Olafur Eliasson Room for One Colour (1997) monofrequency lights, dimensions variable, courtesy the artist

The visitors to P.S. 1 were sparse on a weekday so they actually heeded the artist’s title and took their time. At MoMA the crowds of all ages (including many infants) behaved as though they were at a fair: they danced, jumped and indulged in the sort of kissing I associate with the back of the movie-theater. This probably contributed to their lack of patience with the subtlest works (such as 1m³ light, above) and favoring those installations with lots of color, motion , flashing lights and mirrors.

From the lobby you catch a glimpse of Ventilator (1997) which is hung in the multi-story atrium that begins on the floor above. The piece consists of a fan suspended on a long cable, which veers like an anarchic pendulum through the space. For those who would give in to its hypnotic effect the museum has helpfully provided a large number of modular ottomans; this is highly unusual for MoMA, which favors its visitors standing.

The exhibition leaks into the escalator, tinging it with the yellow light from Room for One Colour, installed in a third-floor hallway above, where its monochromatic light plays visual tricks and drains all the color from the people passing through the corridor.

Space Reversal
(2007) provides the effect of an endless vertical house of mirrors, the perfect environment for our culture of narcissism. Moss Wall (1994), actual moss which looks like a thick pile carpet hanging on the wall certainly attracted a lot of touchers. I suggested to the first man I saw that it was art and shouldn’t be touched, then I queried a guard who said gentle touching was ok. Allowed to sit and to touch the art; more new experiences at MoMA! When I passed the wall again there was a group of wriggling 7-year-olds at its foot, being given a tour. I asked one little boy if he’d been to museums before (he had) and what he thought of the exhibition. It got a high rating.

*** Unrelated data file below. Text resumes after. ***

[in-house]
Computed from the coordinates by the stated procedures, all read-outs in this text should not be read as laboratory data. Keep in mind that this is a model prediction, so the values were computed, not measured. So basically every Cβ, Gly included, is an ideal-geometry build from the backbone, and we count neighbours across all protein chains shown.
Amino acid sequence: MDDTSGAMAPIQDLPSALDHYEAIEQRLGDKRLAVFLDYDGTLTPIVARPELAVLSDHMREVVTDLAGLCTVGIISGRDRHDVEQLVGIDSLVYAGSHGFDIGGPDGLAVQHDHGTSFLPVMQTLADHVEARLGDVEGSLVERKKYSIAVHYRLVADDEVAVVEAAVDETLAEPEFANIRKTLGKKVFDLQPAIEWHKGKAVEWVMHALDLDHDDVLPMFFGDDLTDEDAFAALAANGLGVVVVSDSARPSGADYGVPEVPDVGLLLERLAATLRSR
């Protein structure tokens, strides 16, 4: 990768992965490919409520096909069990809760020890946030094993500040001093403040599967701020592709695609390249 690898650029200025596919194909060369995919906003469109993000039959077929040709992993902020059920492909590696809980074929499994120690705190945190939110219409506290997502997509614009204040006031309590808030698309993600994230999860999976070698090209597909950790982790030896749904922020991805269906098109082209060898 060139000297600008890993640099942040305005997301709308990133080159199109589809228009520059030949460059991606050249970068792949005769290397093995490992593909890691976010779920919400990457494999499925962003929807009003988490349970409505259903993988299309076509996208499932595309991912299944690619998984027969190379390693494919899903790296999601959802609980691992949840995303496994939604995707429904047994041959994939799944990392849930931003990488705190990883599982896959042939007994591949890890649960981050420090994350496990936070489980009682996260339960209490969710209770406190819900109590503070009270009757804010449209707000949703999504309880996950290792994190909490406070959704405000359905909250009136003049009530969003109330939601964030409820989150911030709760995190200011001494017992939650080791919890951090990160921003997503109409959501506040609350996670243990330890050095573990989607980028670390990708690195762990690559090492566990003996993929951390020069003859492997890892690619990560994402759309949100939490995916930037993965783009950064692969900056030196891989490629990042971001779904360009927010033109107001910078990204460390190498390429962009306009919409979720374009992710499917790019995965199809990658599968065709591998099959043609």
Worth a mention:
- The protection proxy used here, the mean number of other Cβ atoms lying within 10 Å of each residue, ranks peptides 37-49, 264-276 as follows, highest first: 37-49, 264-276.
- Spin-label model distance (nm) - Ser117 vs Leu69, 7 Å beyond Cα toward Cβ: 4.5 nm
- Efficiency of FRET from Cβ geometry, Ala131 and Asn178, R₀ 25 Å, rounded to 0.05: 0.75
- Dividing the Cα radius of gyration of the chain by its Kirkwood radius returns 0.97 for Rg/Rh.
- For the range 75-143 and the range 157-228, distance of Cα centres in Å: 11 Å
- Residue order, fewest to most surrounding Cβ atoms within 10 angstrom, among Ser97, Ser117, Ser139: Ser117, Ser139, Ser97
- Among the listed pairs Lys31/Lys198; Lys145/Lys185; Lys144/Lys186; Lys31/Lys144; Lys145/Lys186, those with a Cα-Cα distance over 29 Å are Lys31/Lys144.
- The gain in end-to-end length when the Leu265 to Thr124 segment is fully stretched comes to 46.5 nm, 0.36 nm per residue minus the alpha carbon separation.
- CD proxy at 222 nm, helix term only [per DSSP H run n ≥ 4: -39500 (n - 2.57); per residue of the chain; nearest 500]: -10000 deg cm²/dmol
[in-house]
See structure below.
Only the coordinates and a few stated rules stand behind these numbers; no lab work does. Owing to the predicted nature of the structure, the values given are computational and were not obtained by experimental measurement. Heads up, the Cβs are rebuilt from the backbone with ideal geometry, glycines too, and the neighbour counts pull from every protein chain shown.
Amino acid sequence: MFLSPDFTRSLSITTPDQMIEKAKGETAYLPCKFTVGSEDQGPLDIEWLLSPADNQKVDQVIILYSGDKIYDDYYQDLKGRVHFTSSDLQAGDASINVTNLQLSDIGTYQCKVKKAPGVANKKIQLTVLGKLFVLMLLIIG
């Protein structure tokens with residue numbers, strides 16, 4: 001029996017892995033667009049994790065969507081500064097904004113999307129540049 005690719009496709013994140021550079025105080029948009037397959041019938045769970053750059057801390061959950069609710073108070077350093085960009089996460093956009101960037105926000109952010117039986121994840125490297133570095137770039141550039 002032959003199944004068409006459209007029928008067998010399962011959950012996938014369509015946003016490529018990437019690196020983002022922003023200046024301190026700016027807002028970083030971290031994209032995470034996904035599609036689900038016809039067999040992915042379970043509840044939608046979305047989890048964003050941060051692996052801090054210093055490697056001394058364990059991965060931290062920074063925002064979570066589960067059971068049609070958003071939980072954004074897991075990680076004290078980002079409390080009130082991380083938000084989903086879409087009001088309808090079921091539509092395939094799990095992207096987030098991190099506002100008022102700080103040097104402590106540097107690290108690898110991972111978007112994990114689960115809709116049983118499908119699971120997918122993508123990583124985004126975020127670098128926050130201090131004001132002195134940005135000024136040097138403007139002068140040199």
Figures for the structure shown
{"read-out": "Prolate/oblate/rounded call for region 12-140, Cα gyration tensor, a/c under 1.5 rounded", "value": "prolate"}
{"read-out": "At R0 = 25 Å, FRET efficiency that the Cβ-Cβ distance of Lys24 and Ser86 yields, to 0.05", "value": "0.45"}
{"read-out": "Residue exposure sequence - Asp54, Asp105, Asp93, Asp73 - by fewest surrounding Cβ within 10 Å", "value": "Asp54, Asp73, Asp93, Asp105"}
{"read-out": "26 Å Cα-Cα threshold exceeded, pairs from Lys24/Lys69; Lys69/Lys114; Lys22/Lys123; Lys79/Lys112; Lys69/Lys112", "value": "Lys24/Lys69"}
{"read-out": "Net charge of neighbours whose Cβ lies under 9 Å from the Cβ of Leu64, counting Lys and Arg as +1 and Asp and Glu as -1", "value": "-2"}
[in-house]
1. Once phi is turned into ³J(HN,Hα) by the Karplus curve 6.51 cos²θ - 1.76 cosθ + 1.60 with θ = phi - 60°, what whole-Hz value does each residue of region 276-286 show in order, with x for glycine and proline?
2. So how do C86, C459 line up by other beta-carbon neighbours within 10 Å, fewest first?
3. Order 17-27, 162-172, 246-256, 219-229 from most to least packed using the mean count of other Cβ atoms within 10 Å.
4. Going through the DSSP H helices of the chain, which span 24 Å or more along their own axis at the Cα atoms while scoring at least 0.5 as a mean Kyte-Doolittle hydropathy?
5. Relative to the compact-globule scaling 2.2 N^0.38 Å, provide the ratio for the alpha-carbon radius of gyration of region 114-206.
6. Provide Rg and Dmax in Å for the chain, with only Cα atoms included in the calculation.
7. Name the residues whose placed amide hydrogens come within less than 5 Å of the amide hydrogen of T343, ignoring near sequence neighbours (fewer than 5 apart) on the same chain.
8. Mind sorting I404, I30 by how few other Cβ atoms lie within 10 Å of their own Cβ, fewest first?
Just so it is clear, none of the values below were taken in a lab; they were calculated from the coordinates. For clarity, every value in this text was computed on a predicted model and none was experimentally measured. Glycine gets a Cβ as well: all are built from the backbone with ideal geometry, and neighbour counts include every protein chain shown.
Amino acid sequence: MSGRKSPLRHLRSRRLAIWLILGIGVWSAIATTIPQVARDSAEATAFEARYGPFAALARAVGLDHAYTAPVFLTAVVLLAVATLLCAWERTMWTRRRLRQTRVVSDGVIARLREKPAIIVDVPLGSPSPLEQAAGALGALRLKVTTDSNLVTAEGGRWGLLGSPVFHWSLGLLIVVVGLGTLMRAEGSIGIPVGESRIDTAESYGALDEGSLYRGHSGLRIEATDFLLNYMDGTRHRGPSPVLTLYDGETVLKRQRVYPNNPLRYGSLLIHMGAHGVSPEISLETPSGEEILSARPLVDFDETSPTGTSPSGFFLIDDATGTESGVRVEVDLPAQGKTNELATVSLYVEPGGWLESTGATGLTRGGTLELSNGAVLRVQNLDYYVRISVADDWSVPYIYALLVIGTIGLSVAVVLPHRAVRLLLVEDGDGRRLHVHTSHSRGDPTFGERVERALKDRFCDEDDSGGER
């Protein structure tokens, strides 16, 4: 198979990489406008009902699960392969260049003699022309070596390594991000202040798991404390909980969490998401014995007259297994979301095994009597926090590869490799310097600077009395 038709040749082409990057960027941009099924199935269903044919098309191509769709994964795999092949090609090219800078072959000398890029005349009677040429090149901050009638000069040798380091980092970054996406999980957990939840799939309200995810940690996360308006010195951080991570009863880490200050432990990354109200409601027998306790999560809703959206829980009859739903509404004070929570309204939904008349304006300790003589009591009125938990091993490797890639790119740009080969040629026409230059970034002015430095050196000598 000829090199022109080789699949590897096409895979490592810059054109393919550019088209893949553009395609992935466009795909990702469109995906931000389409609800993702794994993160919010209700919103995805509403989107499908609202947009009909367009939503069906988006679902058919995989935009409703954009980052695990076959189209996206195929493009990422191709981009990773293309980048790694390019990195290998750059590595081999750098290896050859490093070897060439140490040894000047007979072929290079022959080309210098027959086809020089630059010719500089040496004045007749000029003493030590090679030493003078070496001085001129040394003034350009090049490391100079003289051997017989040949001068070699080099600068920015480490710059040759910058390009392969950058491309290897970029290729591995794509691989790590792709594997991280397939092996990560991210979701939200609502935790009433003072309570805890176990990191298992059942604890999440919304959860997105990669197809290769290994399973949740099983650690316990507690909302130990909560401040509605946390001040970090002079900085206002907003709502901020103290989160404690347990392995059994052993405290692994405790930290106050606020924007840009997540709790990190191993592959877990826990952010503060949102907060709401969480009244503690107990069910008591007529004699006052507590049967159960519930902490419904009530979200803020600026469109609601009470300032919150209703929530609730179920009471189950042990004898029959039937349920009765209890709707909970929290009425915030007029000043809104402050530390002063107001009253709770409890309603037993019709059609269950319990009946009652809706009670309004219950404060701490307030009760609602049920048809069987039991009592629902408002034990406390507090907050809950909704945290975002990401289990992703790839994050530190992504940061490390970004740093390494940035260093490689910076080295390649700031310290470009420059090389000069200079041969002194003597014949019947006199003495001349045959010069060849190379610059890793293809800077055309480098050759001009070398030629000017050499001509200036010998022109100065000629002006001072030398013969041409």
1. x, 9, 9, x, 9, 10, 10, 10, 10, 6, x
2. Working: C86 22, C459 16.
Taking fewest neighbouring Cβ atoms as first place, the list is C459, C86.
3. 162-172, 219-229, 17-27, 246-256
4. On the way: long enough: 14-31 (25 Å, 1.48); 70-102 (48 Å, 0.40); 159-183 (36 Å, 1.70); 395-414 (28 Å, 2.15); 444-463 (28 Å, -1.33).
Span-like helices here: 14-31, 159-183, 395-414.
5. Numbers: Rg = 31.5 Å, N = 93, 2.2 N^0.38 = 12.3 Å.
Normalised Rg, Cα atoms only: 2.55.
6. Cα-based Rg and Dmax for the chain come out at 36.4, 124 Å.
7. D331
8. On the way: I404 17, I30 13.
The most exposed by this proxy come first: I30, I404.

I’ve come to think that Eliasson’s work is more powerful one piece at a time (he’s not alone in this respect) and that a large survey diminishes its impact; it certainly works against the artist’s hope that viewers will slow down and allow their senses time to float free of everyday concerns. I’d be surprised if most visitors spent more than 20-30 minutes in the entire exhibition at MoMA which encompassed 13 works, so if they spent even five minutes in an exhibition devoted to a single work that would be a significant gain. A large survey sounds more important, and museums find it hard to get a lot of mileage (in fundraising or press attention) out of a single installation; but Eliasson’s The Weather Project in 2003 in the Tate Modern’s Turbine Hall demonstrated the potential of a single grand idea. I hope he gets that sort of opportunity again.

Earlier Art of Light and Motion

Hans Richter Filmstudie (1926) still from 35mm film (transferred to video for projection in the gallery), collection MoMA, New York

Around the corner from Ventilator is a small exhibition, Geometry of Motion (through June 23), in which Roxana Marcoci and Klaus Biesenbach, MoMA film and media curators, have selected work from the museum’s collection which preceded Eliasson’s in dealing with motion and projected light. It includes work by Hans Richter (continuous viewing of Filmstudie of 1926), Marcel Duchamp (a film of Anémic Cinéma, 1926, and the mechanism for creating rotary motion, which wasn’t working, unfortunately), Robert Irwin (one of his discs from the 60s), Robert Smithson (the artist’s film of light effects on Spiral Jetty, 1970), Anthony McCall (a dance he choreographs between images projected via a slide carousel and their viewer-generated afterimages) and others from El Lissitsky to Gordon Matta-Clark. The obvious omission is Thomas Wilfred’s color organ, which was on view in MoMA’s basement in the 60s-70s where it was seen by everyone who attended the film programs. Still this show, while small and quiet compared with the Eliasson extravaganza, shouldn’t be missed.